The disparaging term referred to the shovel’s most visibly striking feature, its turntable, which looked like more trouble than it was worth—to the manufacturers, at any rate. While British maker Whitaker & Sons had offered the first steam shovel with a full-swing capability 10 years earlier, no American steam shovel could swing in much more than a half- circle, because they were all mounted at the ends of flatcars. The ability to turn completely sped up the work greatly. In time every operator would insist on it. Such a shovel could load cars in all directions, carry its own counterweight to balance much more effectively at full reach, and dig its way out of a landslide that would trap a railroad shovel.
There was more: Thew’s compact machine needed no rails; with solid ground or planking underfoot, it operated on steel wheels driven by the shovel’s steam engine, the operator steering by swinging the turntable from side to side. (Caterpillar tracks would come later.) Wire rope did the heavy lifting, a distinct advance over the standard chain-lift because steel cables ran more safely and smoothly over the sheaves. Thew’s attention to simpler controls reduced the crew size from three men to two. Innovation appeared even in the smallest details. The dipper stick, for example, rotated if the bucket’s cutting edge ran into a rock on one side while scooping, thus minimizing wear and tear. On conventional models such off-angle impacts imposed severe torsional stress that loosened rivets every working day.
And in a unique feature that directly addressed the ore-handling market, Thew installed a “horizontal-crowd feature” that carried the piyot for the dipper stick, deployed by the operator along a horizontal track mounted on the boom. This allowed the bucket to slide forward five feet and take a level bite before the lift-cable swung it upward. (Anyone wielding a house broom will find himself following the same economical motion as the Thew machine takes: sweeping level along the ground, then curving upward to complete the stroke.)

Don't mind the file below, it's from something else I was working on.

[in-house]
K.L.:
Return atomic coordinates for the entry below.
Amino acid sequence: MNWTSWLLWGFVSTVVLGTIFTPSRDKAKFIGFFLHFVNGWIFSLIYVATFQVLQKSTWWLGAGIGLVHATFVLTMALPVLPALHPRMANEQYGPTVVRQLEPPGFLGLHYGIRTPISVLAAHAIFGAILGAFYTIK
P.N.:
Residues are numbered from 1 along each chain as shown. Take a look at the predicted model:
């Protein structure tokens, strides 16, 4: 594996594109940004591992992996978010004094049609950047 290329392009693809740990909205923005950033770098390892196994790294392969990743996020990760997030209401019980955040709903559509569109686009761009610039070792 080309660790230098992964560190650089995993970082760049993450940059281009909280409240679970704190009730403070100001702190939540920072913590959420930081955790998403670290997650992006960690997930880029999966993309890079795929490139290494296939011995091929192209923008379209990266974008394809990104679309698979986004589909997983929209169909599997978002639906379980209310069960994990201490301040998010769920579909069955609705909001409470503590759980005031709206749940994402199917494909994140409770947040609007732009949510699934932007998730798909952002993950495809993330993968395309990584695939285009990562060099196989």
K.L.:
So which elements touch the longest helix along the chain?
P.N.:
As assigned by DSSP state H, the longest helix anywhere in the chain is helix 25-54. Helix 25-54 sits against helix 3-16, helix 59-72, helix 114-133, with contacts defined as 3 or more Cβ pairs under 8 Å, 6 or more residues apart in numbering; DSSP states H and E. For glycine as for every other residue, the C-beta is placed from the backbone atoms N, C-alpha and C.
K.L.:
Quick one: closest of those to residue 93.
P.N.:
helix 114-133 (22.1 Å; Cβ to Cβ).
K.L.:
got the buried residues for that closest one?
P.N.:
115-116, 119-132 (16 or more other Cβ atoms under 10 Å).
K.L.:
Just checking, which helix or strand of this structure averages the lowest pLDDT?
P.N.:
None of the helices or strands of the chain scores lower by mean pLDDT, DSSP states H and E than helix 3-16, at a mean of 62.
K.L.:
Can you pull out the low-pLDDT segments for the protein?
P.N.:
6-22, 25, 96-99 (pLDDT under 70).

Ironically, the simultaneous advance of mechanized ore handlers at the Lake Erie ports would soon knock out this particular niche. The foremost of these was the gargantuan Hulett high-speed unloader, which drastically lowered the cost of ore boat operations. But like a hunter who misses his doe but takes down an eight-point buck in the bushes, Thew hit his mark far from the ore docks. Because nobody else was offering such a small and nimble machine, he sold shovels to Klondike gold miners, builders of western irrigation ditches, and street contractors whose operators found the leverage offered by the horizontal-crowd mechanism ideal for prying up old slabs of concrete. One Thew shovel helped dig a lock through the mountains for the Panama Canal.
In time the greater dexterity of a new class of back-dragging shovels —driven by internal combustion engines, and actuated by hydraulic fluid —would push all steam shovels out of the catalogs, but Thew adapted. In 1914 his company was one of the first in America to introduce a gasoline-powered shovel. All shovels sold today run on diesel power except for strip-mine behemoths, which drag electric cables behind them.
But the end of production isn’t the same as extinction. Hundreds of Thew shovels worked mines and road cuts into the 1950s, and a few can still work up a head of steam, which brings us back to the oldest operational model in North America, the Thew Model 0. Weighing a little less than 15 tons, age 97, it’s about the same size as the heroine of Virginia Lee Burton’s classic storybook, Mike Mulligan and His Steam Shovel.
The Mike Mulligan of this antique rig is retired coalmine machinery operator Robert Kelly of McDonald, Pennsylvania, who wisely took up the hobby of restoring big-iron collectibles before prices got out of hand. He owns a dozen shovels and bought this one from a collector in Canada. It guzzles a thousand gallons of water per working day and burns enough coal to keep Kelly’s fireman very busy.
“I always liked steam engines, the smell and sound of them,” says Kelly. As did Mulligan’s crowd-pleasing shovel “Mary Anne,” his Model 0 will be taking another bow this August at the National Pike Steam, Gas and Horse Association’s show near Brownsville, Pennsylvania.